University of Chicago

  • Education
  • 1890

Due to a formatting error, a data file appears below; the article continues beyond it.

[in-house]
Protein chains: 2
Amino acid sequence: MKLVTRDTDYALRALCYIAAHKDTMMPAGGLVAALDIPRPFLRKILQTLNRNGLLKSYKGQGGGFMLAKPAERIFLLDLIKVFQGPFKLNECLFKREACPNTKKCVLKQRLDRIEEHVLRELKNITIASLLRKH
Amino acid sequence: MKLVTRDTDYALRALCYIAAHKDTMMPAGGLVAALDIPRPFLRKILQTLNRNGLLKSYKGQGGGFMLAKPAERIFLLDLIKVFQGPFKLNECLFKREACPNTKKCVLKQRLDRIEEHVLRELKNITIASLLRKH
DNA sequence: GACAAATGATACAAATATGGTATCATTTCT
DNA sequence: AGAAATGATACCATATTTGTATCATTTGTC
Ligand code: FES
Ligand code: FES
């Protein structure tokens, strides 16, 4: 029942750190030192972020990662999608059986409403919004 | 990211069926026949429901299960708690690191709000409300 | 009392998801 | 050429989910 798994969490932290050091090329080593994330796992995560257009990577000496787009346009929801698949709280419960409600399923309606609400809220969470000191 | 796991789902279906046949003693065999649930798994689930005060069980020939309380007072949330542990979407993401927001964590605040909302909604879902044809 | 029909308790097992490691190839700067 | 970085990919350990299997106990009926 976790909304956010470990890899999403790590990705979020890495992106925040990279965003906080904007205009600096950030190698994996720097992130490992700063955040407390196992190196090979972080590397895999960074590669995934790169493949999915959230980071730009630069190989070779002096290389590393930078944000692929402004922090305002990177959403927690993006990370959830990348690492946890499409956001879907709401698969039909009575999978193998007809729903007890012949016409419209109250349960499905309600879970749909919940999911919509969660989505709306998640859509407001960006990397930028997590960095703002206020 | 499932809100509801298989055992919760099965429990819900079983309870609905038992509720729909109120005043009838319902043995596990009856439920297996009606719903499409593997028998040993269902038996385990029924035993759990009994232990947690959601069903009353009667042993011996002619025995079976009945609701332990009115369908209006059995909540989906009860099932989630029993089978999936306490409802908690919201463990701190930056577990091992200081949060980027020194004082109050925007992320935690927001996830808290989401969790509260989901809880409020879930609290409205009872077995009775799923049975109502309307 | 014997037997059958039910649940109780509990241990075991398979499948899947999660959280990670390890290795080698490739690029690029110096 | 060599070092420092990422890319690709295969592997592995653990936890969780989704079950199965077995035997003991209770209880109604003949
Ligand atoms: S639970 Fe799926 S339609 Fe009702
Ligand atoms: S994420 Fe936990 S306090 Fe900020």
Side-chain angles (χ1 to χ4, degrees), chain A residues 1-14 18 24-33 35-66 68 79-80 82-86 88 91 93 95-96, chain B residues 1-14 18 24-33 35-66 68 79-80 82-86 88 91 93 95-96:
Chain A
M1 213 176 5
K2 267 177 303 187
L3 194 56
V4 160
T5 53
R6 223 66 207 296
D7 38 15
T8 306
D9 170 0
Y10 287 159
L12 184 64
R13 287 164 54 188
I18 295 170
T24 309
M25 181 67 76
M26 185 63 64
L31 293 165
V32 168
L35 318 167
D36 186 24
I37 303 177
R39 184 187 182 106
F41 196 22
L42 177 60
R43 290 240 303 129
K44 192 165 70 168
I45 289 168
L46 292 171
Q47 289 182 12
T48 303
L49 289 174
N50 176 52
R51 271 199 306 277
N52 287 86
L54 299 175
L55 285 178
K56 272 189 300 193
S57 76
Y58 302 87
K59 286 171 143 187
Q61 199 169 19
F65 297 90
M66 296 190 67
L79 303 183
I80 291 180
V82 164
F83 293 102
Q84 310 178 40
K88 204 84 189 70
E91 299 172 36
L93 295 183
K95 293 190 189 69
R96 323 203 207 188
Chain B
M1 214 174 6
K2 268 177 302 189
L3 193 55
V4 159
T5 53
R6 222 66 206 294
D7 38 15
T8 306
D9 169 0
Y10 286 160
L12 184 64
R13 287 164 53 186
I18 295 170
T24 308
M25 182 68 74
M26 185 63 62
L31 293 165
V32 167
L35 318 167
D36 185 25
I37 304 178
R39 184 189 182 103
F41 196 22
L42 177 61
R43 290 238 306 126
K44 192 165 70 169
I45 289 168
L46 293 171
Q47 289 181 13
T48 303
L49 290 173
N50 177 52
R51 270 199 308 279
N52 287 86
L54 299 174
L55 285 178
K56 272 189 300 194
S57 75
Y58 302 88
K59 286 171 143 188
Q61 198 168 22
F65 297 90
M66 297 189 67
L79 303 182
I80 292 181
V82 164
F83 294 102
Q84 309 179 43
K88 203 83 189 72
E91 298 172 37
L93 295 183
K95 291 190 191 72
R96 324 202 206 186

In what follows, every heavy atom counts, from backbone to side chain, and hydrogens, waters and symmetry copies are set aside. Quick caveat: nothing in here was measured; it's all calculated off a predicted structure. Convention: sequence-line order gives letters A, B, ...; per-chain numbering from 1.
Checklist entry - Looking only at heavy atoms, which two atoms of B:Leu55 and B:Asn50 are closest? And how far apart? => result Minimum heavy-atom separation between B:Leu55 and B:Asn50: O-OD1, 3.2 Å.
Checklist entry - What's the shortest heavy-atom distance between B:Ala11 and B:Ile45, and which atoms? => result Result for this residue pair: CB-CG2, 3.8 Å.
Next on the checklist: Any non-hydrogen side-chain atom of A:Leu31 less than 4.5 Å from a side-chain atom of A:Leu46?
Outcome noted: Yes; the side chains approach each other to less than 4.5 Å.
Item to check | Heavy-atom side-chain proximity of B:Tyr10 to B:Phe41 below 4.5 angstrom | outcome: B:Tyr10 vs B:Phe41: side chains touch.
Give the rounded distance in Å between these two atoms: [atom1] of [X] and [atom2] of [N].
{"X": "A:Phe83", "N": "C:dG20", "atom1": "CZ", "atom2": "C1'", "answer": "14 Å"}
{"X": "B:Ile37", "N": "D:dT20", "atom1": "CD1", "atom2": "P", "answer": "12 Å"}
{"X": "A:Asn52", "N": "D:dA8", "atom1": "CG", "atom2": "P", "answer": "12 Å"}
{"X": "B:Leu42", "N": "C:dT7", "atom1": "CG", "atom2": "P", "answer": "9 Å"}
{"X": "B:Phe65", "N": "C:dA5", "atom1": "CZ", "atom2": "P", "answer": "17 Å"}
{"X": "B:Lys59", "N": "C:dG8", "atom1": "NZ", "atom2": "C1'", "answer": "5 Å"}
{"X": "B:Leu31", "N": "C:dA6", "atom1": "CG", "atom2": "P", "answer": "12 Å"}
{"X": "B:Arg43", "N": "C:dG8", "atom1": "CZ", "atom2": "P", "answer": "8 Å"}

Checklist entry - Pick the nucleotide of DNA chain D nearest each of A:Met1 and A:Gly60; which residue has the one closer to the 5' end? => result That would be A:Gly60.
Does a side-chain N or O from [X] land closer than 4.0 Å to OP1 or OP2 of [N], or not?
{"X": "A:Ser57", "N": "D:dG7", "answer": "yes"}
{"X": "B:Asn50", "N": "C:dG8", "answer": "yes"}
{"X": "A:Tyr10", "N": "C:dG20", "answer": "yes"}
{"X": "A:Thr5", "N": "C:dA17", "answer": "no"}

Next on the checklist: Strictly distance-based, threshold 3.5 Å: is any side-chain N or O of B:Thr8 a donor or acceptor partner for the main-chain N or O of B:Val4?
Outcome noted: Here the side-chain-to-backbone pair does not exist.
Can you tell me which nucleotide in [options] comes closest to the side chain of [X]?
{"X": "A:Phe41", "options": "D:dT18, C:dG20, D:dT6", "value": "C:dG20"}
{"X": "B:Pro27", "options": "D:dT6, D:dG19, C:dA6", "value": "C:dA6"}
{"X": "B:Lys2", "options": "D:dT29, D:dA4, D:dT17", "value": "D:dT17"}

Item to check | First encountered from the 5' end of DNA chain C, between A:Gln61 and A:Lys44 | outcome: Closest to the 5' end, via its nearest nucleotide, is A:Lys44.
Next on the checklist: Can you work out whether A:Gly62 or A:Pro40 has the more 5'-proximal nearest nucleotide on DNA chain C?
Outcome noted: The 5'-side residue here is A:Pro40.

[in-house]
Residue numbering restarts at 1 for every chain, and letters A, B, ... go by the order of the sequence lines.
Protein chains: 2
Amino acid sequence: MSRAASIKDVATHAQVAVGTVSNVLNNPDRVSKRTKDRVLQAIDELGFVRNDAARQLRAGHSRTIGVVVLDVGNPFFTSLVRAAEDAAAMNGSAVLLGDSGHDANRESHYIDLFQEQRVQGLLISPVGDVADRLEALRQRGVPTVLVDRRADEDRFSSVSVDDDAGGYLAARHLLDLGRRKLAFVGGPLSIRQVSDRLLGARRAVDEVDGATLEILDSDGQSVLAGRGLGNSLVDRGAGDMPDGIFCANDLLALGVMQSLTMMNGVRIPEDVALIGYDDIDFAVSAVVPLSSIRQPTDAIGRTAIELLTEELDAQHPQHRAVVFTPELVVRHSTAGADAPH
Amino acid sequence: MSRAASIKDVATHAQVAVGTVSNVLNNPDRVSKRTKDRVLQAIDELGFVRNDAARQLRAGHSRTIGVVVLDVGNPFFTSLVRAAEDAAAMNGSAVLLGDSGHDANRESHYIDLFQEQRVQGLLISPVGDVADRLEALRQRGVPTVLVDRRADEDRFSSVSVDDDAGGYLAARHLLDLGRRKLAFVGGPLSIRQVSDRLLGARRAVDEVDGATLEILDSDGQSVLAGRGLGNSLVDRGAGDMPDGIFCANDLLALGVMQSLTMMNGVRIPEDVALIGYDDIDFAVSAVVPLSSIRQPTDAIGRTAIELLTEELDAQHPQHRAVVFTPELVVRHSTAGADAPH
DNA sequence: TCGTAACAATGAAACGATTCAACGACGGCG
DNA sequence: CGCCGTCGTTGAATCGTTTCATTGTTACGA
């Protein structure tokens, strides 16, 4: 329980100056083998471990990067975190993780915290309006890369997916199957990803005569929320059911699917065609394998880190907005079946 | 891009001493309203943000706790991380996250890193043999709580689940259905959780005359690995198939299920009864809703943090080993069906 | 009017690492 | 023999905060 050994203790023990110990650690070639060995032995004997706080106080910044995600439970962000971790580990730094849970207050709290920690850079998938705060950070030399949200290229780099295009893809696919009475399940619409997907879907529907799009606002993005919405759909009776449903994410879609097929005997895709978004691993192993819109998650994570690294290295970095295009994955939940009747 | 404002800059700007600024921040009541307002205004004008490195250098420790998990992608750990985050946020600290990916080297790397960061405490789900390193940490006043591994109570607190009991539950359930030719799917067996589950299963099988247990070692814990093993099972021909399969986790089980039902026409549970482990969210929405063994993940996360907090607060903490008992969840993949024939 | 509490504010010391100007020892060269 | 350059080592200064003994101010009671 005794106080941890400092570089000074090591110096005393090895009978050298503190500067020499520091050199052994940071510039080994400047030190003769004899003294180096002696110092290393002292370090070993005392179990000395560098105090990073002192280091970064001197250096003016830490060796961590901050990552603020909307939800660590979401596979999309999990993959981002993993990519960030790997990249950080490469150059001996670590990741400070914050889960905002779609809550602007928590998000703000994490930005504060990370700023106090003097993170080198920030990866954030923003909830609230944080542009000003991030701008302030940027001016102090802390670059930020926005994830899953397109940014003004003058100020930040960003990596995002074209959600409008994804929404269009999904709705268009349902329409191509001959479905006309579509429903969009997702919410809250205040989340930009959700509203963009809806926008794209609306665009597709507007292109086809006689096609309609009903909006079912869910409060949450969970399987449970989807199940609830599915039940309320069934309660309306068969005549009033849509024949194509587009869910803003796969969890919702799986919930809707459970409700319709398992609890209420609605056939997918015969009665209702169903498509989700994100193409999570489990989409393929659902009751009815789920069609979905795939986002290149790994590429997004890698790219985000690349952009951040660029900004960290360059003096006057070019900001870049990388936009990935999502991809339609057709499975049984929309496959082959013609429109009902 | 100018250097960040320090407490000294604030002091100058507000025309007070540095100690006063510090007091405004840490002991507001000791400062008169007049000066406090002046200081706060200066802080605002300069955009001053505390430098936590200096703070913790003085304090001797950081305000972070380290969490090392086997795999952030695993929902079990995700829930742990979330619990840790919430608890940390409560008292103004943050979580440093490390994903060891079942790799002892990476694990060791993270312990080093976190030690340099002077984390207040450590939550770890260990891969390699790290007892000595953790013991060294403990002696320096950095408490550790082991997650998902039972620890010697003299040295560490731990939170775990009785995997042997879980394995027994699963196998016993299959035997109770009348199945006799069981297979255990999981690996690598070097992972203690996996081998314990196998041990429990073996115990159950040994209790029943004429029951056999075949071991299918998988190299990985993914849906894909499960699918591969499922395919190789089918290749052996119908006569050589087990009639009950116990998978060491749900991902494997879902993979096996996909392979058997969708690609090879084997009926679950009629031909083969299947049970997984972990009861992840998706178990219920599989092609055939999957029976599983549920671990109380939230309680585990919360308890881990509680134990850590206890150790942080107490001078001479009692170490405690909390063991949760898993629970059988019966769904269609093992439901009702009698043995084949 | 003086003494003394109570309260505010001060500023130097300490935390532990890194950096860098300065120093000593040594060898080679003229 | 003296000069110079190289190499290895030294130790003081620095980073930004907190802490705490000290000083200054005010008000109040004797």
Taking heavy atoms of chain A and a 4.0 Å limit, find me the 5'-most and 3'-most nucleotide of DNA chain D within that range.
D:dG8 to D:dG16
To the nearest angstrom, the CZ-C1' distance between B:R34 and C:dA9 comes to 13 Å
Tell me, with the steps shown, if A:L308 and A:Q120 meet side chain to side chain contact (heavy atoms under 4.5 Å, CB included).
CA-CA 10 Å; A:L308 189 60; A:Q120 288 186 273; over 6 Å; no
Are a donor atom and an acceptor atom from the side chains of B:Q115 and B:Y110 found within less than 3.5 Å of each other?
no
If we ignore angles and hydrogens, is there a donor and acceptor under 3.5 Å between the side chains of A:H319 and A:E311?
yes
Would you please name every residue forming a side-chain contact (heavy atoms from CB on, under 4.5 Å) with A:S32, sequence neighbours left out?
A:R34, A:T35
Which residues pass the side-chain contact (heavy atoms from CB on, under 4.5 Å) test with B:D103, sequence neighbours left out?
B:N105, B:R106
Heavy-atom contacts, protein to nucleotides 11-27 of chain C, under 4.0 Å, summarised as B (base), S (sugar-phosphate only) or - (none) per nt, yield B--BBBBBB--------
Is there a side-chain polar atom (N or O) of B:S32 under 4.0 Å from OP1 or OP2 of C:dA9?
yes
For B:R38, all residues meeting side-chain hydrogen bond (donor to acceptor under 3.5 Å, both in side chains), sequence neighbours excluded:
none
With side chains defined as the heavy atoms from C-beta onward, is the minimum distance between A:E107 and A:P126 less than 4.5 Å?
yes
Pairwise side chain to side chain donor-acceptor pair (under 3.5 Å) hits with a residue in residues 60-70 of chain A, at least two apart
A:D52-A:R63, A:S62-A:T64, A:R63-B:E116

For decades a faithful Baptist, oilman John Rockefeller Sr. aspired to found a distinguished Baptist university. In 1890 he made his first contribution ($600,000) to establish the University of Chicago in league with the American Baptist Education Society. The university’s land was in turn donated by Chicago department store magnate Marshall Field. Rockefeller would eventually give the new organization tens of millions of dollars, while insisting that his name not be used anywhere on campus. His collaborator William Harper, a young Biblical scholar from Yale, and UC’s first president, oversaw a combination of English-style undergraduate college and German-style graduate research institute. With Harper’s guidance and Rockefeller’s unprecedented funding, the University of Chicago quickly became a national leader in higher education. Robert Hutchins, president from 1929 to 1951, put in place many of the innovations that the university became known for, including a core curriculum focused on classic works and original documents, an emphasis on discussion rather than lectures, interdisciplinary study, and comprehensive exams to measure progress. The core curriculum survived until the late-1990s when it was substantially modified to add “diversity.” The University of Chicago was a founding member of the Big Ten Conference and the first to give its football coach, Amos Alonzo Stagg, academic tenure—until the college dropped football to concentrate on academics in 1939. Rockefeller once described the University of Chicago as “the best investment I ever made.”